New Motion In Ark. Gay Marriage Hearing Requests That The Case Be Expedited
LITTLE ROCK (KFSM) – Two motions were filed on Friday (Oct. 17) in the gay marriage case that is before the Arkansas Supreme Court, officials say.
The first motion requested that the Arkansas Supreme Court expedite the entire appeal case.
The motion states, “The importance of the constitutional rights at issue her provide good cause for the court to expedite this appeal.”
“Arkansas’ treatment of [same sex] relationships as lesser than the relations of opposite-sex couples who are married or want to become married deprives [same sex] couples of important constitutional rights, causes them anxiety and stress, deprives them of dignity as individuals and as couples, subjects them to ongoing economic harms and causes particularly devastating harm to the innocent children of [same sex couples],” the motion states.
The second motion, filed by Pulaski County Circuit Clerk Larry Crane requests the court expand the amount of time allowed for oral arguments, court documents state. In his motion, Crane requests the opportunity to advance his arguments in the case and address the Arkansas Supreme Court’s questions during oral arguments.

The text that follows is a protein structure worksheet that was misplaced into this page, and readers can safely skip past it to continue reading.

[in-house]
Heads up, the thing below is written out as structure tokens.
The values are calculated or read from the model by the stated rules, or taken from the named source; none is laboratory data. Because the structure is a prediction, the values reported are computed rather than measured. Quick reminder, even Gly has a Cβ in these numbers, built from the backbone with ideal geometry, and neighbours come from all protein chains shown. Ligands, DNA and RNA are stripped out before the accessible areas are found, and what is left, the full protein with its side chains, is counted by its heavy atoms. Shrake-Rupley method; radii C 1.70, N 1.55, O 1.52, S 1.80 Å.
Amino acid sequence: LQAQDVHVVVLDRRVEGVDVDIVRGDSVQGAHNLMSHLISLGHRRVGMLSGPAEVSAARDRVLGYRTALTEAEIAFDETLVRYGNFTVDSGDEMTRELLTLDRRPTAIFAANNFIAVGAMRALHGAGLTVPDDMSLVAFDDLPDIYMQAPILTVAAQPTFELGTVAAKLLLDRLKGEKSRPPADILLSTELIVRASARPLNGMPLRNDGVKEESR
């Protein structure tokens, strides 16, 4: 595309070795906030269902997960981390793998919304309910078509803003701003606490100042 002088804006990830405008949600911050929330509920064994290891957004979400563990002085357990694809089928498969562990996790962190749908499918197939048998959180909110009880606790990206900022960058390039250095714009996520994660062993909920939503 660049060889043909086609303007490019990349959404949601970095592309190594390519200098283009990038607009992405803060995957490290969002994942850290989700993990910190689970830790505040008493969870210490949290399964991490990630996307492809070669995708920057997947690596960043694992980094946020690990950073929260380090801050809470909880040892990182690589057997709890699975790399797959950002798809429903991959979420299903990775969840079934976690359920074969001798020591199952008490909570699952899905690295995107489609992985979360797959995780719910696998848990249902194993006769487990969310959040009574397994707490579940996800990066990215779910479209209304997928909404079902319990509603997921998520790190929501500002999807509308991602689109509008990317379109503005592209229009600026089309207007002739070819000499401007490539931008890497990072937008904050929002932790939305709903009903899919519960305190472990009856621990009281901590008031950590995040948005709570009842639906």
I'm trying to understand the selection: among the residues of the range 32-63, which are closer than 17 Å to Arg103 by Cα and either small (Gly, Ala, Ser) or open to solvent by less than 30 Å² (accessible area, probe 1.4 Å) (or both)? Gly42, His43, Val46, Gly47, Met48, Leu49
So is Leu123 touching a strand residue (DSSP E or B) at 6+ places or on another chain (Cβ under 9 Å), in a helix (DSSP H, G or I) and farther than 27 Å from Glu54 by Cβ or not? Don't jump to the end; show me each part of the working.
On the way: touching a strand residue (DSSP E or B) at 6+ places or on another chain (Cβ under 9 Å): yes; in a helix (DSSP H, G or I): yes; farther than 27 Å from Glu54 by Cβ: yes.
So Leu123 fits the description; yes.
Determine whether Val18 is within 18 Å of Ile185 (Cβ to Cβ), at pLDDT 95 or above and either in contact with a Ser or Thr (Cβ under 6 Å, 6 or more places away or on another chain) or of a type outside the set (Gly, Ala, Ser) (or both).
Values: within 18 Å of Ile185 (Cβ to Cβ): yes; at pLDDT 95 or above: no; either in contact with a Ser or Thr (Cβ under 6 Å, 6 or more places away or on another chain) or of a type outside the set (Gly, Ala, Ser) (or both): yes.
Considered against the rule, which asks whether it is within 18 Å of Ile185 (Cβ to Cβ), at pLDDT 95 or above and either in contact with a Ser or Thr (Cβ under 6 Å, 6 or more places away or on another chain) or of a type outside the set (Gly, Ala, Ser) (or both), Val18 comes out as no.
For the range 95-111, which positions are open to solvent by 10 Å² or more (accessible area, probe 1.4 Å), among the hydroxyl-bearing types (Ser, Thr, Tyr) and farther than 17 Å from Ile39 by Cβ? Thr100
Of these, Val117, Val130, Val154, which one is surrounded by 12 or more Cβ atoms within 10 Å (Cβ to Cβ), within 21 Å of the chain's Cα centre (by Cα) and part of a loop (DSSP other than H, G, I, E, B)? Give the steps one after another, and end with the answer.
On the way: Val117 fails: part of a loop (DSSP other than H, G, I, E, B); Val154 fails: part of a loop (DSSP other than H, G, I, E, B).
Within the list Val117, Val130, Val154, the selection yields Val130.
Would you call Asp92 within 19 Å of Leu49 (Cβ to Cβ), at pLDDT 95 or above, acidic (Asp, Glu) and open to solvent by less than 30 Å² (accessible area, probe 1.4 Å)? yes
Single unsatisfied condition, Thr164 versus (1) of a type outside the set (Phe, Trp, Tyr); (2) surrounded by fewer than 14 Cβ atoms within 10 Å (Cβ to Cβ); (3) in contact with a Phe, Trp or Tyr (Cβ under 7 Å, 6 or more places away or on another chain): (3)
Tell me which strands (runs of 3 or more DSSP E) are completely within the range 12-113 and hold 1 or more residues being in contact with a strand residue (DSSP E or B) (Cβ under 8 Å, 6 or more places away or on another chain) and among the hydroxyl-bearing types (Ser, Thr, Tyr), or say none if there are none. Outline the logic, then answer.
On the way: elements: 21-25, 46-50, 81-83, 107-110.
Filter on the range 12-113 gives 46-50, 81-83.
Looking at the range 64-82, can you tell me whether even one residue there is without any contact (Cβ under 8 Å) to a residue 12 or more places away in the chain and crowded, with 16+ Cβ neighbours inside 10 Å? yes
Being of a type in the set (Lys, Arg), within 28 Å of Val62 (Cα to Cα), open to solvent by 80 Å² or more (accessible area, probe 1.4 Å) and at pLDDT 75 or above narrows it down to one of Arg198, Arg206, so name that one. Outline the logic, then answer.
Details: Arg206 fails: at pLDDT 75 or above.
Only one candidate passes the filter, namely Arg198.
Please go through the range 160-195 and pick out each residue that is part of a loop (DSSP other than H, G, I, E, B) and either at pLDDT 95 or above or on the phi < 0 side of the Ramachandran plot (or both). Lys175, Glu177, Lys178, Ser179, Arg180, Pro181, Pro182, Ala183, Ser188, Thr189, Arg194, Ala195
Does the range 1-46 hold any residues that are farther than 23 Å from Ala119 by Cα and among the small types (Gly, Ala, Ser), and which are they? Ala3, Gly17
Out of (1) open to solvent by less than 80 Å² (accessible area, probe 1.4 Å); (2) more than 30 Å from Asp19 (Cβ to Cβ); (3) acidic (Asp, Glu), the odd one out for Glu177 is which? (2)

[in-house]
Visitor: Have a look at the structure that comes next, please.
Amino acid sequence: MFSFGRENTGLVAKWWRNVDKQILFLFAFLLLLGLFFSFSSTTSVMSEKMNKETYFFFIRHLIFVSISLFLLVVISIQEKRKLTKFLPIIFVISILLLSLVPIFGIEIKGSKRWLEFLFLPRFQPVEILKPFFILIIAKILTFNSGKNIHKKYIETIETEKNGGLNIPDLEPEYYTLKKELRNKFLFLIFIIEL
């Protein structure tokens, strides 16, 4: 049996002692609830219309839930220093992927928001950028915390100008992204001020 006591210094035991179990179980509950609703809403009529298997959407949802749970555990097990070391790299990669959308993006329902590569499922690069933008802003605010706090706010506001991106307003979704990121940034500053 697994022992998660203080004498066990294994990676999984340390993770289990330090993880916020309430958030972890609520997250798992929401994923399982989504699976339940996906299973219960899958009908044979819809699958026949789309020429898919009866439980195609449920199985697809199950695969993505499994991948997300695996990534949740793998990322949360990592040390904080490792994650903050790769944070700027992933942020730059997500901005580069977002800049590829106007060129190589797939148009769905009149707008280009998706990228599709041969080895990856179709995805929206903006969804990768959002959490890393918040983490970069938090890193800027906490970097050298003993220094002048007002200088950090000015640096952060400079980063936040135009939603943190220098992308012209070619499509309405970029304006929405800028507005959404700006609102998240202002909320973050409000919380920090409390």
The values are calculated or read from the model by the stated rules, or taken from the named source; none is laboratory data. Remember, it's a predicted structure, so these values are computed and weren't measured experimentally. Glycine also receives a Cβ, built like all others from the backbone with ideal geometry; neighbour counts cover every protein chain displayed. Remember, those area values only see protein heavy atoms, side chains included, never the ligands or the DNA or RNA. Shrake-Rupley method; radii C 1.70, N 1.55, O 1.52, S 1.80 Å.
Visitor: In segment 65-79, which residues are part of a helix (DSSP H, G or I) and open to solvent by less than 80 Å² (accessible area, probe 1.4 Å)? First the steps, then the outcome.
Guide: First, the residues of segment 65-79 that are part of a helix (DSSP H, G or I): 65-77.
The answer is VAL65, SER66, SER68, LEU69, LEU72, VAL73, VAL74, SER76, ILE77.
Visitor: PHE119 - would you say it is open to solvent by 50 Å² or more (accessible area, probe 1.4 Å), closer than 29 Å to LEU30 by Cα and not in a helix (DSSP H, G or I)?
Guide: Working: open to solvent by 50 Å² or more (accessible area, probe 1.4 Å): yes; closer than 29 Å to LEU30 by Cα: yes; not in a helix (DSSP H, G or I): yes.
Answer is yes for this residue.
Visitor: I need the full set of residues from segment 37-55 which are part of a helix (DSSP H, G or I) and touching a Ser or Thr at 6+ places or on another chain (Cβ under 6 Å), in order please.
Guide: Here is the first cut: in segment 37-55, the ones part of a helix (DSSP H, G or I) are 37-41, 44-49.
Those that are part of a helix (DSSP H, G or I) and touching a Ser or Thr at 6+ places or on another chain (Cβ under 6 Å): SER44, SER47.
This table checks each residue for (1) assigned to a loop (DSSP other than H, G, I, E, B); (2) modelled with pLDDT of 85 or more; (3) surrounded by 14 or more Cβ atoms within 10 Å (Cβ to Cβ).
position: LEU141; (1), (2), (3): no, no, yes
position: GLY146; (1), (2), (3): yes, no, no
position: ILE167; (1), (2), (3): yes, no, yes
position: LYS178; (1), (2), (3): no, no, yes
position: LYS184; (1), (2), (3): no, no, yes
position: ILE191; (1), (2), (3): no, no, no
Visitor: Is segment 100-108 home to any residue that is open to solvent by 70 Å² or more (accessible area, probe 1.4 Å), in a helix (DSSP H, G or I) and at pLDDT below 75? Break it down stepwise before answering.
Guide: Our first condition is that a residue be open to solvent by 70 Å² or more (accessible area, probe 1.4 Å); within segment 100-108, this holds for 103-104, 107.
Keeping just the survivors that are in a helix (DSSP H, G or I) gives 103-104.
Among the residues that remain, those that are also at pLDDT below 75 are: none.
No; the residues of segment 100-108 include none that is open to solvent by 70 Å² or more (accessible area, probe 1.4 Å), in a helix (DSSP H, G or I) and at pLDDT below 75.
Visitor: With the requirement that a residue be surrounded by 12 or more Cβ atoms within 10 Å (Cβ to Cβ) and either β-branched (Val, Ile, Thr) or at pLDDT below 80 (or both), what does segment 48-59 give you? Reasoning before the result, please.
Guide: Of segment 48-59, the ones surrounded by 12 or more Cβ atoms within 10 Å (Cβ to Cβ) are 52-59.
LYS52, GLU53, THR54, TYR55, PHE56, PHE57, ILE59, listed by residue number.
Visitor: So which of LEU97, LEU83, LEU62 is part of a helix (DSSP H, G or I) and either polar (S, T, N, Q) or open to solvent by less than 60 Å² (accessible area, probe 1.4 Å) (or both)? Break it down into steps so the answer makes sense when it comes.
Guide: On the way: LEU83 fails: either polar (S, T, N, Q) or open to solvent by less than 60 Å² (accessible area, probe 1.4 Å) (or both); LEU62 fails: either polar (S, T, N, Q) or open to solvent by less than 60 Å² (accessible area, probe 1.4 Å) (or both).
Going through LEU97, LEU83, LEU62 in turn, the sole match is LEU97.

His motion states that he sides with those in favor of overturning the state’s ban on gay marriage, and others involved in the case were “unlikely to share their allotted time for argument with Crane.”
Crane’s motion states “The public interest in this case justifies expanding time for argument.”
The Arkansas Supreme Court already granted a motion for there to be oral arguments from both sides in the case, but a date has not been set, officials said.
Stephanie Harris with the Arkansas Supreme Court Communications Counsel said she doesn’t know when the court will rule on the motions or when oral arguments will be scheduled.
Approximately two weeks before the motions were filed, Democratic Gov. Mike Beebe appointed retired trial Judge Robert McCorkindale to the trial after Justice Cliff Hoofman recused himself, Harris said.
It is unknown if the case will be resolved by the Arkansas Supreme Court before the end of 2014, which is when two justices will leave the court, according to Harris.